• Jiu Jits News – I’ve had two weeks off. My instructor texted me asking where I was. I said I was back Tuesday. He said: “Oss, Guerrierro” or something. It made me feel like I belonged.
  • Guardian Freelance Journalism Masterclass. This was great. Stylistic tips and practical advice about pitches and markets. It was also very Guardianista. I ate lasagne. Hobnobbing afterwards, I found an ale called Warlord and drank it from a horn. Not really. The horn part.
  • Veterans for Peace UK marched to the Cenotaph. I remembered how to right-wheel. Within a week of our wreath laying, dozens of new veterans were making enquiries. I am sure that this was because of my crisp, exquisite drill.

Transmission ends…

Kherbet al Binaat – ‘The Girls’ Corner’

Stuff from my notebook

The YPG and YPJ (People’s Protection Units) are the Kurdish militias, male and female respectively, that are fighting against the al Qaeda linked groups Jabhat al Nusra and Islamic State of Iraq and Sham (ISIS) in Northern Syria. At their base in Kherbet al Binaat (literally “the girls’ corner” in Arabic) these women are on the frontline against al Qaeda, whose troops are just 2 miles away.








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Germany: U.S. Trains NATO Allies For War In The Caucasus

Antiwar literary and philosophical selections

Stars and Stripes
November 23, 2013

In postwar environment, US and European troops work to prove relevance
By John Vandiver

HOHENFELS, Germany:The troops picked a good location to set up their mortars, down in a valley near the cover of a ridgeline.

But the shouts from the Slovenian mortar men, echoing off the hillside, threatened to give away their location.

Such scenes are playing out daily at the rugged training grounds in Hohenfels, Germany, where the Joint Multinational Readiness Center is hosting one of its largest multinational training exercises in recent years. As the war in Afghanistan winds down, such training initiatives will play a key role in ensuring allies don’t lose hard-earned combat capabilities achieved during a decade of war, U.S. commanders say.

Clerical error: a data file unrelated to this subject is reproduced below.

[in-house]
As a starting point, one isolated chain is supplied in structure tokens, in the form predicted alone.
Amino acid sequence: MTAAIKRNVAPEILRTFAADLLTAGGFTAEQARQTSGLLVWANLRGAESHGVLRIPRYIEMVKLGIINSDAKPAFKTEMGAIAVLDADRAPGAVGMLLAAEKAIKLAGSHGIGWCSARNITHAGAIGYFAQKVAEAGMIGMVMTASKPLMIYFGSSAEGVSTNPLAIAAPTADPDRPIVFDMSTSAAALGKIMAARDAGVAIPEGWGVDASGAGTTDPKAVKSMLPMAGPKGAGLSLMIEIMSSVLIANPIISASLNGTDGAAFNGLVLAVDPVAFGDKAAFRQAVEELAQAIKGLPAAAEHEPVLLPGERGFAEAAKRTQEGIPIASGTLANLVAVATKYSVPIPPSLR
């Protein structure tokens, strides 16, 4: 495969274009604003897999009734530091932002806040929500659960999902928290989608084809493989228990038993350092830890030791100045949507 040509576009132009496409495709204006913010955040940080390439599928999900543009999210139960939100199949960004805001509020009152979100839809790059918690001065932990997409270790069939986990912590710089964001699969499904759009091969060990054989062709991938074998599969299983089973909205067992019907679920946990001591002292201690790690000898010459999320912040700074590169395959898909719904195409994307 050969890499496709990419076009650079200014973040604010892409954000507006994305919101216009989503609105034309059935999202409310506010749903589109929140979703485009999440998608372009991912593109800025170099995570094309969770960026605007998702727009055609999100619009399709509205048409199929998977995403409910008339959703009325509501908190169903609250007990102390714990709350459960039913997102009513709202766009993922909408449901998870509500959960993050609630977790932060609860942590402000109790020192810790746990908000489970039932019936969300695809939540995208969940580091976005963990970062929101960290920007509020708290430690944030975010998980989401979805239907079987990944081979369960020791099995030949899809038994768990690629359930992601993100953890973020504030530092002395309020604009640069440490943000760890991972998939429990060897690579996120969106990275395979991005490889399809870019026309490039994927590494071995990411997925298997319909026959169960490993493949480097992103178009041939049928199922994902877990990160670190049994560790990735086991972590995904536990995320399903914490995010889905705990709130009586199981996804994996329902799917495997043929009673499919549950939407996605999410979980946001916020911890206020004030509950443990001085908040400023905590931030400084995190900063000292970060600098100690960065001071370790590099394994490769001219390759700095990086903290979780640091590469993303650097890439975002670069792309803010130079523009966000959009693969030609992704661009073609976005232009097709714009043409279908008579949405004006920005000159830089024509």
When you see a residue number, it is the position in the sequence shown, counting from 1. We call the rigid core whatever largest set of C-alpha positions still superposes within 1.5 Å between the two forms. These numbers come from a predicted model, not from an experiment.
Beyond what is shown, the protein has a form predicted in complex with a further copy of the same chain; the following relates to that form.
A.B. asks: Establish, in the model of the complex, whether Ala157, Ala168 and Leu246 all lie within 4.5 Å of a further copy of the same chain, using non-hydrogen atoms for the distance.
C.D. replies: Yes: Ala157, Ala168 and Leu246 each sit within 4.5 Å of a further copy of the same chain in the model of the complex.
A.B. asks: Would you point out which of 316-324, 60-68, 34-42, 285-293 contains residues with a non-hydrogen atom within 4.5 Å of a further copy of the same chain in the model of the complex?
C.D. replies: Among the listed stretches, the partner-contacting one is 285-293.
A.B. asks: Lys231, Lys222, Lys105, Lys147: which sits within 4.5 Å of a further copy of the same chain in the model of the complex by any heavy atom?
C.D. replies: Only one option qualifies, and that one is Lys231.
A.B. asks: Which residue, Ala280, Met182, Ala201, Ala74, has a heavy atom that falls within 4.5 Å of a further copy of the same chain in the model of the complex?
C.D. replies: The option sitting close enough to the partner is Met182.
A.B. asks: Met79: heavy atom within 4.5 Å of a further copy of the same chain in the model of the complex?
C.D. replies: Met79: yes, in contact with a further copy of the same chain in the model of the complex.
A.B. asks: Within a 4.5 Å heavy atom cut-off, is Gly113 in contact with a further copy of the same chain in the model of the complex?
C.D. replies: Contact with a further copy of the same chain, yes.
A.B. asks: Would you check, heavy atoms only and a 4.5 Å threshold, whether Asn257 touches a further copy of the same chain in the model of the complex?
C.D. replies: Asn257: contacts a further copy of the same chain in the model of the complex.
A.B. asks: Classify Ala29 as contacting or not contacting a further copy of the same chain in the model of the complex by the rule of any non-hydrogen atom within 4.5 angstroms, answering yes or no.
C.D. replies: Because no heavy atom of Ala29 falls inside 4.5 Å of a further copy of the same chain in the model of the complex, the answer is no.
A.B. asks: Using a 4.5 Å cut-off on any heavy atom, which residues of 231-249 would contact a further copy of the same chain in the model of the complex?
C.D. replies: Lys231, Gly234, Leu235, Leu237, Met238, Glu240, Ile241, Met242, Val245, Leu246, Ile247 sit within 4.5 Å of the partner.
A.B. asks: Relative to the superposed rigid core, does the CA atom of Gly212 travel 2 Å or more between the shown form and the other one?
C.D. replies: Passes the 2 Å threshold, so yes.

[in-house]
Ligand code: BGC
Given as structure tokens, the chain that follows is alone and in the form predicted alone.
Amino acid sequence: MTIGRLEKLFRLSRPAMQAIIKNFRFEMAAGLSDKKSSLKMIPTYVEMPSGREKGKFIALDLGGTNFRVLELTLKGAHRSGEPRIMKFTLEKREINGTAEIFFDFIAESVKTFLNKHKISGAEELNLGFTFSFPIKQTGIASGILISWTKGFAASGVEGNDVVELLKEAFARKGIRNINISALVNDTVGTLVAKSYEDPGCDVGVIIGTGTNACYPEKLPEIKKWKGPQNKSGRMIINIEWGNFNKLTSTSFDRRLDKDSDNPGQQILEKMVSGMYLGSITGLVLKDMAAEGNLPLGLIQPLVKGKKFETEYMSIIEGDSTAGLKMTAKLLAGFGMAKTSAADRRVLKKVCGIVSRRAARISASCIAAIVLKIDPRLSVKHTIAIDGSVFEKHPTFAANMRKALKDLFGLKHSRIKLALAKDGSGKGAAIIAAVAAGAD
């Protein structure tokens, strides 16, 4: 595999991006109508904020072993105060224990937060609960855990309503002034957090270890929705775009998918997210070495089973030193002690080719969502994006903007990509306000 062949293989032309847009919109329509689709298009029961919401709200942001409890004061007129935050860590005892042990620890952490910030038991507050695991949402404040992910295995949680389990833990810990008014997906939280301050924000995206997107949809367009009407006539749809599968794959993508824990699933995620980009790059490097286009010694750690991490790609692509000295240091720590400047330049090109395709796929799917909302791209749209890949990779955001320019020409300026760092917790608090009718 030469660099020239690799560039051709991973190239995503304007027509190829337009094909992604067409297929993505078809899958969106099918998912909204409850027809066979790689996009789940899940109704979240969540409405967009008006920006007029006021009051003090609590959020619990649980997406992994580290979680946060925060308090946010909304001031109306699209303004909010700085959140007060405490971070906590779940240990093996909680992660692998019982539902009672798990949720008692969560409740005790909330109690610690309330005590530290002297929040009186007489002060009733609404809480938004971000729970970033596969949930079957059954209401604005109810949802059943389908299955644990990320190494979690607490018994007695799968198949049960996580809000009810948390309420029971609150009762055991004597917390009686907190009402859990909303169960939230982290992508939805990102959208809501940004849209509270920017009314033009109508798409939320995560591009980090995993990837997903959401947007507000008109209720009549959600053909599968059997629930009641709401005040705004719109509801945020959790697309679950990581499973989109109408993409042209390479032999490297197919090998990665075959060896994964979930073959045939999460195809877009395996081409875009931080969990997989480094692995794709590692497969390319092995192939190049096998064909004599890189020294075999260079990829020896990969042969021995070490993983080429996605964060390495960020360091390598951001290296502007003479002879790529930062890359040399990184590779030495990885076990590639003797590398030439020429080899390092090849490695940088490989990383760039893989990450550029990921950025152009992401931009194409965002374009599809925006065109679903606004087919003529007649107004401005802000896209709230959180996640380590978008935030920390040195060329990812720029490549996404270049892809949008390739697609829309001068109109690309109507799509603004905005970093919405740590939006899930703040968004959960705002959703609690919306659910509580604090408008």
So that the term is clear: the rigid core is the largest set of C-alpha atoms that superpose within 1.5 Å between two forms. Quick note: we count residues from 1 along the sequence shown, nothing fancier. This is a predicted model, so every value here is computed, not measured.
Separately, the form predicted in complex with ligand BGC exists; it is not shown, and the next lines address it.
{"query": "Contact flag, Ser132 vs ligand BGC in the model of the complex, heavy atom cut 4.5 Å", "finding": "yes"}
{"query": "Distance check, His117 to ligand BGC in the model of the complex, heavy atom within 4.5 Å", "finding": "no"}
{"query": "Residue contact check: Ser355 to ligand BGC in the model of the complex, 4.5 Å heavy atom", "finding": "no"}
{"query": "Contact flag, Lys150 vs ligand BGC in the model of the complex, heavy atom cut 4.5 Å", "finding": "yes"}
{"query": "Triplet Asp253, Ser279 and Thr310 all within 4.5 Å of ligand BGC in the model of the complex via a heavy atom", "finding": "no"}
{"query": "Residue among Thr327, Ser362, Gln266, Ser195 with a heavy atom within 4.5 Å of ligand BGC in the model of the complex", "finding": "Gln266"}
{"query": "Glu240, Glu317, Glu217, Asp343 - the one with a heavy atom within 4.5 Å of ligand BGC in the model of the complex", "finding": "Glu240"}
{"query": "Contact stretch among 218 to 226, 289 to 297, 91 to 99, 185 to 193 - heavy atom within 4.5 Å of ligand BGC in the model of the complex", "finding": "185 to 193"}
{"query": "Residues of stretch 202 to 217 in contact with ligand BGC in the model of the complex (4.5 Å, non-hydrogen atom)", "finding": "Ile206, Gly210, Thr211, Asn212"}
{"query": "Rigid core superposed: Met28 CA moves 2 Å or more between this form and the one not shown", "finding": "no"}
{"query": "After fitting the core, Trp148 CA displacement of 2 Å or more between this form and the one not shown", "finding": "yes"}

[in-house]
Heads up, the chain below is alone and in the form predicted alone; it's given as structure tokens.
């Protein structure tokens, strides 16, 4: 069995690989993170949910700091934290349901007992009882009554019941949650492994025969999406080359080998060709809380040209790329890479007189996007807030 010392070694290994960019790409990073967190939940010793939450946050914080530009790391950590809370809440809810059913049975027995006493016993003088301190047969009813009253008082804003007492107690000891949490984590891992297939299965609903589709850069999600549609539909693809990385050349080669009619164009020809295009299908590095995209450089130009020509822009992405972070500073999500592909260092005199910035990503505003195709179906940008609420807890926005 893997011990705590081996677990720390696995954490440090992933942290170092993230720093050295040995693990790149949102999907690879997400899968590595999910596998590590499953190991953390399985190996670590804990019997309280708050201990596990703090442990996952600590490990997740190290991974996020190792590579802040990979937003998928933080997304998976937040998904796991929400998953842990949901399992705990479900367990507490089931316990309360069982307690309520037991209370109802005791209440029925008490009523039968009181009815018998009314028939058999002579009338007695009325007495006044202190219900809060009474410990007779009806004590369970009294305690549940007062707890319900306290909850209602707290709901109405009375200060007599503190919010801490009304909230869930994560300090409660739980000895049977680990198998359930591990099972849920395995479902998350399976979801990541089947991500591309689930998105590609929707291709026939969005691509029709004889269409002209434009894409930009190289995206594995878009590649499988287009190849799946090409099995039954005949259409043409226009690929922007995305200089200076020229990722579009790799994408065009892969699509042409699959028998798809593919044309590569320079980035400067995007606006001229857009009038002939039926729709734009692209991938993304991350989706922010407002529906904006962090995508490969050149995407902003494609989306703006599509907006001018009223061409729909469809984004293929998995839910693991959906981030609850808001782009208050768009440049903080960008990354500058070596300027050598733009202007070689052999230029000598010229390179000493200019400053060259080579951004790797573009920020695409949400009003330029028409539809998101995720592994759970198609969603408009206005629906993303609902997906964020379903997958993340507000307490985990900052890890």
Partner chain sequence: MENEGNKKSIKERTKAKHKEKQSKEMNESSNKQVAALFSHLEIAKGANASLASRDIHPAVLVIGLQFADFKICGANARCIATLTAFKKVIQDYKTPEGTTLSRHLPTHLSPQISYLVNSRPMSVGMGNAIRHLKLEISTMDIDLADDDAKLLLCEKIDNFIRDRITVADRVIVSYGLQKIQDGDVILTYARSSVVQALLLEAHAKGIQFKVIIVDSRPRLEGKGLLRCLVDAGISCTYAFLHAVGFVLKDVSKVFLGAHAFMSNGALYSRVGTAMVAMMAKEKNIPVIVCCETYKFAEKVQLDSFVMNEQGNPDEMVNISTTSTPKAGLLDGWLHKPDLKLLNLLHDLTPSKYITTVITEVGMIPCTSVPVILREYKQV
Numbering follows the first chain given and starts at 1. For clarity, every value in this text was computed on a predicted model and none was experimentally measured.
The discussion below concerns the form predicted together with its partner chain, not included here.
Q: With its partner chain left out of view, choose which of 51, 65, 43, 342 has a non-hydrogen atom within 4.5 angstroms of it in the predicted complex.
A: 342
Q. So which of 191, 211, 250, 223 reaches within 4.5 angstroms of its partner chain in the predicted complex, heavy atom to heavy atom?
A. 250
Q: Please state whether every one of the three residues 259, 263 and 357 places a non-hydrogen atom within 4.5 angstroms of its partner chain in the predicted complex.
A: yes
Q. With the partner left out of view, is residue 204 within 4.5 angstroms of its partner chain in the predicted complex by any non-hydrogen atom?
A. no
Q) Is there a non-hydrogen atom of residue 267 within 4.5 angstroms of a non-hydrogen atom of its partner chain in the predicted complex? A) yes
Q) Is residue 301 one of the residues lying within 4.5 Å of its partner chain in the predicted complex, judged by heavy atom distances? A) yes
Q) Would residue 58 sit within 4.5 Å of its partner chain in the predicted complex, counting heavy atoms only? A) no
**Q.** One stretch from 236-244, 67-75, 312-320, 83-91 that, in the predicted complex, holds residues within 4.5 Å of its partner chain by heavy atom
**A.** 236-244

The two-week exercise, which brings together 1,200 U.S. and European troops, tests the ability of soldiers to work as a single multinational combat brigade

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A Sorry Tale of Neglect

I’ve been away for a while. Not in jail this time though. In between researching a new book, visiting Toronto (with it’s dark satanic condominiums) and general frolics I have neglected my blog.

Why have I come back to the blog? Well, because I’m paying for the bloody thing. And also because I attended a Guardian masterclass on freelance journalism which was excellent in a Guardian kind of way. One of the speakers emphasised the value of blogging little bits of ideas as often as possible. 

My last Guardian piece also saw me pick up dozens of email followers, and so I’d be rude not to write more…

Topics to be covered in the next few weeks (all subject to change on a whim)

  • My musket-wielding, Crockett-hatted adventures in Canadia
  • Veterans For Peace UK’s brilliant visit to the Cenotaph
  • The “Security Deal” in Afghanistan and the wrangling with Iran
  • Lefty cults. In the news again. 
  • Thoughts on the new book…
  • My search for a hugely well-paid column which will allow me to sit in my river cottage in Surrey proselytising to the proletariat.

All this and more coming soon…